There has been much debate about Twitter revolving around opinions that it lacks a reason for being, revenue, business model, and ultimate fiscal viability. And yet some really really smart, really really rich VC investors not only dumped an additional $35 million into it, but then proceeded to laugh at the lack of a business model. But things are about to change, there’s a whole new PPC marketplace coming down the road, and there’s a long long tail of Twitter revenue out there for the taking.
Now, I’m not going to say that the naysayers are short-sighted dinosaurs who think flying is for insects and will therefore go extinct while their forward thinking friends sprout feathers. And I’m not going to say that this is the same type of clinging to old paradigms that has landed traditional marketing agencies and departments in hot water with budgets getting slashed because they are losing audiences, losing engagement levels, and can barely find ways to measure their reach and effectiveness.
Twitter is having its hockey stick moment:
Actually, it has been having it for a while. Now it’s going totally mainstream:
Pop culture celebrities and news anchors are jumping on board. Marketing agencies are espousing the benefits of Tweeting a brand to their clients and getting paid to design Tweet campaigns on behalf of their clients. Granted, it was on JetBlue, and it was on a flight heading to the opening of SxSW, but think about it: A flight attendant told the passengers to update Twitter upon their arrival.
But going mainstream doesn’t just mean more people using Twitter. It means more people in the community to be reached by people who can leverage it correctly. Since the very beginning of social living in animals, individuals who were able to leverage their social interactions have been able to use that to their advantage.
The same was true for the very first marketers at the dawn of commerce, for managers of general stores in the last century, and it’s true today for brand managers of hyper-huge multinational conglomerates.
Here’s my point – “It’s Insane!”
As reported by TechCrunch (@techcrunch) Jason Calacanis (@jasoncalacanis) made a legitimate offer of $250,000 for 2 years placement in a slot on the ‘Suggested’ list to follow that Twitter provides. And you know why he’s offerring so much money? Because he thinks it’s an absolute steal at that price. And he’s right.
“Simply being on that list can boost your followers well above 100,000. … Many of the most popular Twitter users are on the list, including TechCrunch (we have 214,465 followers). It is insane.”
To quote Calacanis from that article:
“I believe that in five years the top 20 recommend slots will be worth $1m a year each–super bowl commercial level in fact.”
But What About The Ethics?
People may argue ethical concerns about paying for a placement that is suggested to the users. This is a non-issue in my mind. Google allows people to pay to insert advertisements alongside organic results. Why not allow people to pay to insert their accounts into organic recommendations from Twitter? And just like in a crocodile, the meat is in the tail.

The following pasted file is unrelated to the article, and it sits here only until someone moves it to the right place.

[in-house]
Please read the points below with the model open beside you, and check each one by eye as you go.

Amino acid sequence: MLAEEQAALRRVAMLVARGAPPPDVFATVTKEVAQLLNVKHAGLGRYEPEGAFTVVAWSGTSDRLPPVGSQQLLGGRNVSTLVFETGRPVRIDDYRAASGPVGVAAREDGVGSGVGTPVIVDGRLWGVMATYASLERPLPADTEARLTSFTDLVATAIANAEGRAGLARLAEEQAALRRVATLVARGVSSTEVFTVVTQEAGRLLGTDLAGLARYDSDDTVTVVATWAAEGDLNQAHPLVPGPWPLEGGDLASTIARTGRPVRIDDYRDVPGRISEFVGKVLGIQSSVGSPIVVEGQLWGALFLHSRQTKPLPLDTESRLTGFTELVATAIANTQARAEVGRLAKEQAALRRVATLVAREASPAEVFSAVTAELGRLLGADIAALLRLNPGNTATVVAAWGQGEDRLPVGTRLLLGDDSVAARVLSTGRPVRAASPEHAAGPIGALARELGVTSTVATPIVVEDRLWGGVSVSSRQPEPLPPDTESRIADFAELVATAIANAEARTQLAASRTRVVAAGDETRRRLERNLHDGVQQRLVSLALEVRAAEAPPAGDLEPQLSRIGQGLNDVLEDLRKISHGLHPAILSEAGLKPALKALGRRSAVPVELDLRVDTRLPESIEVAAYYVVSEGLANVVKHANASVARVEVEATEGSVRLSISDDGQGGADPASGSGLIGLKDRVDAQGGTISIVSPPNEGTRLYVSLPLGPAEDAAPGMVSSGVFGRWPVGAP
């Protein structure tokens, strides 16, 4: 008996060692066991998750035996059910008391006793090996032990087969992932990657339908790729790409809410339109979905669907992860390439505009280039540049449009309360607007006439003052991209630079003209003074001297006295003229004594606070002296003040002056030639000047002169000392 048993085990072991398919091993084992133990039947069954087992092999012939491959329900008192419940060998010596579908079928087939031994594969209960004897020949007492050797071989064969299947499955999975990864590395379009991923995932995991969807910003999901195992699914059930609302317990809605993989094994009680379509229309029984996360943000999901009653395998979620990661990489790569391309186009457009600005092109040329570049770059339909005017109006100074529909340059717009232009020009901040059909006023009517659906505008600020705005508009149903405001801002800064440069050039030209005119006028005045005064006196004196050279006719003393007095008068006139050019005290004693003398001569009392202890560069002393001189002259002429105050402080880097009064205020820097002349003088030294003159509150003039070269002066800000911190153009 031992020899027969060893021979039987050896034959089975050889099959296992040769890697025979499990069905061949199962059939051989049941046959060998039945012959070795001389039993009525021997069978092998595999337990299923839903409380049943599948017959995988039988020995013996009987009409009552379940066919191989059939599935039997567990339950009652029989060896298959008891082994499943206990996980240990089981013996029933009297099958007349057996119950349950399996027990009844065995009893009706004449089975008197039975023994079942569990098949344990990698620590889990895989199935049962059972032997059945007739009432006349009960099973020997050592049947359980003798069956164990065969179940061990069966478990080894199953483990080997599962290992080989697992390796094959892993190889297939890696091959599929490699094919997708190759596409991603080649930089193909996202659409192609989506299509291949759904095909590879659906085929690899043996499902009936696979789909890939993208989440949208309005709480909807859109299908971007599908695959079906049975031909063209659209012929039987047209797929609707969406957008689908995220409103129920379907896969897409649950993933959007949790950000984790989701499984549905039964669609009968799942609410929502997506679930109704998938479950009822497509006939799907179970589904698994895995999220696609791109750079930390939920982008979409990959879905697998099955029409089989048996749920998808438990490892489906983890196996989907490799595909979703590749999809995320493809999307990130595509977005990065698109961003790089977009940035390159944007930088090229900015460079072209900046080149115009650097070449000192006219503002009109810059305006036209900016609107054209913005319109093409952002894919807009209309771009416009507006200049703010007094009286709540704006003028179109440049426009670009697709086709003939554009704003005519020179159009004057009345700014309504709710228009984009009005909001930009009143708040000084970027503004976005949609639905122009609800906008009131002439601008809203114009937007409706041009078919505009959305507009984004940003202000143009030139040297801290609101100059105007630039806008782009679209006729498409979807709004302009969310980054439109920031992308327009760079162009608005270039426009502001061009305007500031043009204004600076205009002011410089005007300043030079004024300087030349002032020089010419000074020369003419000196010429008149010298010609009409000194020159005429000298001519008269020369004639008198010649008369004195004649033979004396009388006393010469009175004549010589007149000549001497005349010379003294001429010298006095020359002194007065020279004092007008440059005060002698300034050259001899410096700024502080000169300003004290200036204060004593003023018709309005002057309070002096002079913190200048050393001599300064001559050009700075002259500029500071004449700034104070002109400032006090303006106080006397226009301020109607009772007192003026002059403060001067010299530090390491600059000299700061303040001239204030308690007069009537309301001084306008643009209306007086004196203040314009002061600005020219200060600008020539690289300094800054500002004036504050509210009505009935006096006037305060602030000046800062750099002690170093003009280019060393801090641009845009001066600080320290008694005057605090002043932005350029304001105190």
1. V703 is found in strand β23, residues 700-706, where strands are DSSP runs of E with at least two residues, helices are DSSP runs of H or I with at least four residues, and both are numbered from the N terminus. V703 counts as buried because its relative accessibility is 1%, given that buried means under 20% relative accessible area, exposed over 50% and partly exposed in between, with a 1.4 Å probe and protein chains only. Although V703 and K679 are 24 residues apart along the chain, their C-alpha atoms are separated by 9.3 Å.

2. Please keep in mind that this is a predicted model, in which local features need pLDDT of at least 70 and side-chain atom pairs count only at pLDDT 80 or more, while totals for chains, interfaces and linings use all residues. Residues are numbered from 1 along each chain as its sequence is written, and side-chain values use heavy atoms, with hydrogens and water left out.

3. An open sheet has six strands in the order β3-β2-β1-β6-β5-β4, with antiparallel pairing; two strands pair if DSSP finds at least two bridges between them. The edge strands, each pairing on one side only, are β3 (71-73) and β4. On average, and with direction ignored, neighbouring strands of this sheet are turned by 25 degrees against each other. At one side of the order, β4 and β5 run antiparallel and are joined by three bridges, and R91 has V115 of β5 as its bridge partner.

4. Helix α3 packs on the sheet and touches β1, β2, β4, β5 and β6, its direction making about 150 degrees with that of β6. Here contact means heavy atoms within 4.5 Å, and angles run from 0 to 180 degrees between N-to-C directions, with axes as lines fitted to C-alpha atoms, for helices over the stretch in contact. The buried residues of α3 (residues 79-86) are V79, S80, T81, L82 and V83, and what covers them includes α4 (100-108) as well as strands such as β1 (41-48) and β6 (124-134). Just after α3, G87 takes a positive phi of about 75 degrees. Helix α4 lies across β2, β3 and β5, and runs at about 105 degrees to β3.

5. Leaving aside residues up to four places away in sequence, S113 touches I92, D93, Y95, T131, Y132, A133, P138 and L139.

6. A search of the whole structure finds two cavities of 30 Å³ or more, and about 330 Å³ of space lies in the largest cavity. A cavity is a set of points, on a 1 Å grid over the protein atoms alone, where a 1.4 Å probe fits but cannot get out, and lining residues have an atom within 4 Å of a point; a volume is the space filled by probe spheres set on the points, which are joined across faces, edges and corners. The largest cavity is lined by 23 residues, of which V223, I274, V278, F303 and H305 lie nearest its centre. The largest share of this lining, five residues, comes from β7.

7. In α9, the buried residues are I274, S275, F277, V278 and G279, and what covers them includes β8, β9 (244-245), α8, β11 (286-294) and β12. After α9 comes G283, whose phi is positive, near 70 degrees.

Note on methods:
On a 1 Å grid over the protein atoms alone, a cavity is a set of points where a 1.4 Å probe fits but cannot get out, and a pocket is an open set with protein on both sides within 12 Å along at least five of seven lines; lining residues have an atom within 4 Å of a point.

The Long Long Tail of Twitter Revenue and the New Paid Insertion:
This central page of recommended people to follow is blunt and powerful, and easy to understand. But Twitter is going to have the capability to create infinite recommended lists. For any search a user enters in http://search.twitter.com, Twitter will be able to compile a list of users to follow if you are interested in tracking information about that topic over time. This list could be based on statistical analysis of users’ posts and their relevance to the search query. (Who knows if they’ll actually do it this way exactly, but the concept is valid.) So sure, they could rake in Superbowl-like money from that front page of recommendations, but the long tail of micro-revenue based on all the other queries within Twitter will support an Adsense type market where users can bid to place their accounts with prices based on relevance and demand – thus completing the prognosticated ‘Twitter is a Search Engine” theory by showing it can function not only as a search engine, but also as an advertising marketplace.
It may only be a matter of time before you can bid to place your Twitter profile next to organic results for #catswearingtuxedos and then use the Twitter attention you get to direct traffic back to your very prestigious blog all about cats wearing tuxedos. It’s a whole new world of paid search that may be opening up soon.
So buy your Twitter clicks early; maybe even try to get a steal like Jason Calacanis. Because when your #catswearingtuxedos Twitter query starts to trend upwards, this is all going to start getting more expensive. And weird.